Tremolo normally means modulating the volume (without significantly modulating the pitch). It makes it sound like you're trembling because the sound comes and goes very quickly.

Vibrato normally means modulating the pitch (without significantly modulating the volume).

The point is that the only way to modulate the pitch on the concertina is to modulate the pressure (because reeds play flat when the pressure increase, which is why concertinas always sound out of tune!) - but then you'll get far more of the tremolo than the vibrato anyway. So, in practice, I don't think you can't do vibrato on a concertina, just various forms of tremolo.

The vibrato on fiddle, cello, voice(?), pipes, whistles etc is/can be, well, vibrato, because it works on the pitch, not affecting the volume much (though most can do tremolo too). I think this is the case for wind instruments, but maybe I need to be corrected.

So, avoiding any terminology controversy, the wobbling you can do on the concertina is completely different from the wobbling that is done on most other instruments.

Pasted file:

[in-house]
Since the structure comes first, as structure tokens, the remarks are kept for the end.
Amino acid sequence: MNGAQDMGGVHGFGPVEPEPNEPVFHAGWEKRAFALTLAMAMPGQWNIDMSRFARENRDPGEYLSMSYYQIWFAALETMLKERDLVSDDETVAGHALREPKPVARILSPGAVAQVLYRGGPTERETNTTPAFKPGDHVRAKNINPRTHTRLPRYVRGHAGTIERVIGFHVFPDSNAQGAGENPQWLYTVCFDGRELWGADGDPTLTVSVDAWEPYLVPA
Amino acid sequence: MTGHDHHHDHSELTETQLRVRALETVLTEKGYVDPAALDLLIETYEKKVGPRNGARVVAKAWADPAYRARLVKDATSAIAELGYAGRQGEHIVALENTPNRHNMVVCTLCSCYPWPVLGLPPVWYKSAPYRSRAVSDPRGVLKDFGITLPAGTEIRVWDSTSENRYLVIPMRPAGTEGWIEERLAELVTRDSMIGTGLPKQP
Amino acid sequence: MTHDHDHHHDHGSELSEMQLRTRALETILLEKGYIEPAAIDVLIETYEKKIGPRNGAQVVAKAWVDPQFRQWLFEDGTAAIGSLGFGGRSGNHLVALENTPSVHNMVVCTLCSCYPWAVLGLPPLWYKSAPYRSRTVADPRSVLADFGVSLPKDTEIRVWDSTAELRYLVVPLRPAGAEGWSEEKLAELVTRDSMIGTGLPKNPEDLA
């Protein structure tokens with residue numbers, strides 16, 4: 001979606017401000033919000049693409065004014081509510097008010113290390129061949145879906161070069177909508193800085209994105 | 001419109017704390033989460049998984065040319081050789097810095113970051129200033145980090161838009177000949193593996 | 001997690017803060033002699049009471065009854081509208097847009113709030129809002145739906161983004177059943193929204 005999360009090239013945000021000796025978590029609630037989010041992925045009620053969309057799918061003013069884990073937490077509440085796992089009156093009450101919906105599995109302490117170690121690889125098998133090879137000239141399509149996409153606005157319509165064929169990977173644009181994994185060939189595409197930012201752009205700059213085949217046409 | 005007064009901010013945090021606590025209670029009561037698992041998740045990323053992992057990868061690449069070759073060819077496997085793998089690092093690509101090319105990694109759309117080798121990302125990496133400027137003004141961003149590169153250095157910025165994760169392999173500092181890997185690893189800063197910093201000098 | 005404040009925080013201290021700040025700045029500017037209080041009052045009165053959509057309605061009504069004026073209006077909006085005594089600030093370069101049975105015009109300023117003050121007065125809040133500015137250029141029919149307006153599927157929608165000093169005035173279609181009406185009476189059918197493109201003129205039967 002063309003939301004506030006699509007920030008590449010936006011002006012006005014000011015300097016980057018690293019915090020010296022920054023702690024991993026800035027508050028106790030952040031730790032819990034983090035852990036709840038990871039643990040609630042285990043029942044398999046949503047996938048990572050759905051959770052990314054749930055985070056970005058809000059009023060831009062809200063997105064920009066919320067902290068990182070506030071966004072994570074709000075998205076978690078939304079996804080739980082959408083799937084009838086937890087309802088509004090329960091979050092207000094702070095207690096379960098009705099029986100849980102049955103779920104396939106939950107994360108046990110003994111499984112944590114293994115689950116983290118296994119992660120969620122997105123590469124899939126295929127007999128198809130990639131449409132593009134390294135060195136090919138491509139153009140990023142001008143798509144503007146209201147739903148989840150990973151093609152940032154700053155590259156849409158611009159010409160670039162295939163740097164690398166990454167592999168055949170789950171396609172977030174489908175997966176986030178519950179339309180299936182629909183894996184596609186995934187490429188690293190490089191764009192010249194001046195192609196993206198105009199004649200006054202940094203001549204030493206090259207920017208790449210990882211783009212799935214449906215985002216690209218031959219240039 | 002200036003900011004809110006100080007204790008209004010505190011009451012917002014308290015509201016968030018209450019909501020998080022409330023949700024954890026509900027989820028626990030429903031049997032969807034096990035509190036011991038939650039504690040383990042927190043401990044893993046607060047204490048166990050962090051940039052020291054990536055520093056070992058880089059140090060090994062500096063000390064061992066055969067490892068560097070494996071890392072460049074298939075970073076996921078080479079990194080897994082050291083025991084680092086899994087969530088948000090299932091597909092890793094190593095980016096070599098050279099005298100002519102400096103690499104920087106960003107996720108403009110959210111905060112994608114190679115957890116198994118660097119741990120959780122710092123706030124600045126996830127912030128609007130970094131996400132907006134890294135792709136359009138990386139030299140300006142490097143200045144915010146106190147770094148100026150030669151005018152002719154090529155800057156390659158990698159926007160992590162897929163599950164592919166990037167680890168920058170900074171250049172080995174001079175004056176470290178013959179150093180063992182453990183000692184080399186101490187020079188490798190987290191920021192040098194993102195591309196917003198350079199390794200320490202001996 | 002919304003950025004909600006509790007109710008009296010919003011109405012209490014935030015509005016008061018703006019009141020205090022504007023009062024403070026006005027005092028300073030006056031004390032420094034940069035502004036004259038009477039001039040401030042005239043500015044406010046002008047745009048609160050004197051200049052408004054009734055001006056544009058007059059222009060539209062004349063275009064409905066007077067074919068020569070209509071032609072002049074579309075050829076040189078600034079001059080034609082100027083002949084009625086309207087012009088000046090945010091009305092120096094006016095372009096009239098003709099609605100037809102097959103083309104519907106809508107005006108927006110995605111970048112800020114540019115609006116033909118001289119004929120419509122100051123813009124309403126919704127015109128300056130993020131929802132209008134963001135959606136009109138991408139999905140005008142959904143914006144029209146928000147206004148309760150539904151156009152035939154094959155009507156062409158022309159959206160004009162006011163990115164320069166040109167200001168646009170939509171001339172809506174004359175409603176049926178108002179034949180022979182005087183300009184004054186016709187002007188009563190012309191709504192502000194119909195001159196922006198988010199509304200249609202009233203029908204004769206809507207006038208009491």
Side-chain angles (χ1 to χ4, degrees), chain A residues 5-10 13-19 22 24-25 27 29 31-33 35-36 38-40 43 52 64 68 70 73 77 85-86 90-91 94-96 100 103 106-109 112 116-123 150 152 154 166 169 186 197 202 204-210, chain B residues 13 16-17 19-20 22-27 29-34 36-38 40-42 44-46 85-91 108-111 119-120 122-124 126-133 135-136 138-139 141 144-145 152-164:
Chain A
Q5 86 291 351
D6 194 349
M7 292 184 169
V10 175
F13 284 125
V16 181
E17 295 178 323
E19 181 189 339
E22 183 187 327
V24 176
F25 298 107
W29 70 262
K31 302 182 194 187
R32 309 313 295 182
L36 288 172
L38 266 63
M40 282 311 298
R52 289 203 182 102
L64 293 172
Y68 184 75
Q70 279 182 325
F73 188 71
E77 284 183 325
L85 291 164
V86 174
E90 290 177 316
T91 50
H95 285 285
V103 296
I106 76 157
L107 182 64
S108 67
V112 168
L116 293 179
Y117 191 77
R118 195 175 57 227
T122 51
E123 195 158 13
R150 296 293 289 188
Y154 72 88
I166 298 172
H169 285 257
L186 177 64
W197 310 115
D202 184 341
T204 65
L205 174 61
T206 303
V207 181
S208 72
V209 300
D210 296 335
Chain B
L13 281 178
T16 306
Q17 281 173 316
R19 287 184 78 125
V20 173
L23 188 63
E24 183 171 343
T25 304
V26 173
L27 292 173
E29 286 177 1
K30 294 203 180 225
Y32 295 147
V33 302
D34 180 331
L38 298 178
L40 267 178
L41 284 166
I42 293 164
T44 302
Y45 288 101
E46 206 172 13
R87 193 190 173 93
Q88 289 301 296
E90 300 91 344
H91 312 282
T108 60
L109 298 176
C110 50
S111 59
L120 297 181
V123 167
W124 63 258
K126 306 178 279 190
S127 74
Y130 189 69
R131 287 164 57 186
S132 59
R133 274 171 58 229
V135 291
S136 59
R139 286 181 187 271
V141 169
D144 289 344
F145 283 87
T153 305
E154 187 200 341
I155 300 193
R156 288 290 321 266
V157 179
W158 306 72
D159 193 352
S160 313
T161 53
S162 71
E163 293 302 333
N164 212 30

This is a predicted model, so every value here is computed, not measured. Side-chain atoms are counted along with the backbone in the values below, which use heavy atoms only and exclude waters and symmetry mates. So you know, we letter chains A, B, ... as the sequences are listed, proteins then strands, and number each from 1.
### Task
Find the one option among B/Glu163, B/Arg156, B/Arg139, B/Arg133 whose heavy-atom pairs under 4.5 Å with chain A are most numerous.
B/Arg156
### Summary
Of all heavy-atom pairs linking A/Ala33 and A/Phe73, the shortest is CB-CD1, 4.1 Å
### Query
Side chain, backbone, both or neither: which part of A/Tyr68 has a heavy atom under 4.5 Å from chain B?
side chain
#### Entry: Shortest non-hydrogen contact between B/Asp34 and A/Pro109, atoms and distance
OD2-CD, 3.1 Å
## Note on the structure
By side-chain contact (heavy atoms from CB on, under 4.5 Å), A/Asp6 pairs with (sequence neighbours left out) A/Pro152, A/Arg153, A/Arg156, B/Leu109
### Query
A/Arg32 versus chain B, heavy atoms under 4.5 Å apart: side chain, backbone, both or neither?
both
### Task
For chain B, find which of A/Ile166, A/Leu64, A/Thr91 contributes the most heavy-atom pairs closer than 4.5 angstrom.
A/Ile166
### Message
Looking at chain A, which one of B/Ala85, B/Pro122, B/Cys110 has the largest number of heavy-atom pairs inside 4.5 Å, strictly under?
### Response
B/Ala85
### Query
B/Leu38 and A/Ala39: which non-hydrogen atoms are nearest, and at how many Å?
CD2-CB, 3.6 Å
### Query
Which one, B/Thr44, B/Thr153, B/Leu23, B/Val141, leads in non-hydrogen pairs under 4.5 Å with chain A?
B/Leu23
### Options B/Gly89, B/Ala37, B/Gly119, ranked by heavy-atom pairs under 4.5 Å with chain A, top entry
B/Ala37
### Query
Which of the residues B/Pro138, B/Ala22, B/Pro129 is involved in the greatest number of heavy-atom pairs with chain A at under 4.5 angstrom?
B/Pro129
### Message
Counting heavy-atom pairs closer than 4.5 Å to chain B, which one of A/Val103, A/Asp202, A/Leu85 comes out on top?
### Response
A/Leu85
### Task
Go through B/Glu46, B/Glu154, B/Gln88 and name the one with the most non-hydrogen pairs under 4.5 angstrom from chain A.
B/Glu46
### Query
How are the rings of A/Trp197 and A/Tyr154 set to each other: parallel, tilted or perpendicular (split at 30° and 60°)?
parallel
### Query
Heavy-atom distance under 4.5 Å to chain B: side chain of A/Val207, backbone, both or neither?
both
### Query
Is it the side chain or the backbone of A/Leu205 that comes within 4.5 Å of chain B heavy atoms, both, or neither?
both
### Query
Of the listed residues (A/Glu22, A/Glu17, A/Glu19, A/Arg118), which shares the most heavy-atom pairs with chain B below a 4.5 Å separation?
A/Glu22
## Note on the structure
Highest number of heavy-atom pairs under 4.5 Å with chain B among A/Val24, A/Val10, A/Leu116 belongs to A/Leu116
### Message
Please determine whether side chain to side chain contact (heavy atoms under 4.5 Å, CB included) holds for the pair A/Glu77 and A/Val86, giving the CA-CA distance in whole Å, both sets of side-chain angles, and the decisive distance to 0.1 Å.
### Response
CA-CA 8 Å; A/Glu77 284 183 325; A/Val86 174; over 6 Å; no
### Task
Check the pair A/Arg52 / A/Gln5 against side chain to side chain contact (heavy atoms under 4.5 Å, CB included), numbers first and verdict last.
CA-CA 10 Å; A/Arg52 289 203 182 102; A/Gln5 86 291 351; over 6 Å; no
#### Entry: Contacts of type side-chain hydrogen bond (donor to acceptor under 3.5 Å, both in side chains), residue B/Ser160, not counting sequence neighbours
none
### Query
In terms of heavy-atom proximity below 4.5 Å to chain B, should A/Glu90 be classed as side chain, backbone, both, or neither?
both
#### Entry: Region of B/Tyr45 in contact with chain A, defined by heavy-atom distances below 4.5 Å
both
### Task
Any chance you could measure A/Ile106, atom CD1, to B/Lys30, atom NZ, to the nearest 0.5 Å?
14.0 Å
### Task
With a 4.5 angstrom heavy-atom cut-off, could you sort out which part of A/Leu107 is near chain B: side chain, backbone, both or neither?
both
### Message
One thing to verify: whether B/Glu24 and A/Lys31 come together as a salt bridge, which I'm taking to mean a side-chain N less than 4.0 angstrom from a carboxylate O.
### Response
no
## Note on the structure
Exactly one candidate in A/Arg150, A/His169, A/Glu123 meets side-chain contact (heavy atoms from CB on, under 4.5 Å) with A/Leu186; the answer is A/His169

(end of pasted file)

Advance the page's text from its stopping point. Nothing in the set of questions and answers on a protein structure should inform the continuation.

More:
Generally (in my experience) vibrato is used on other instruments to make the sound more interesting/expressive/"musical". Temolo is normally used to add tension - probably because it's the same effect you get when you're nervous/afraid.

The tremolo on accordeons with multiple reeds per note works by the two reeds being slightly out of tune, so as they come into and out of phase the sound gets louder and softer.


Thanks for the info. I still have to think things over. Because I still find it difficult to hear what is exactly happening when I do vibrato/tremolo on the concertina. I should measure pitch and volume with some sophisticated gear to know for sure what is happening. Although I think you might well be right that you alter the volume more than the pitch while using various methods of trembling and shaking the instrument; in that case I know of 5 methods of tremolo on the concertina and none of vibrato.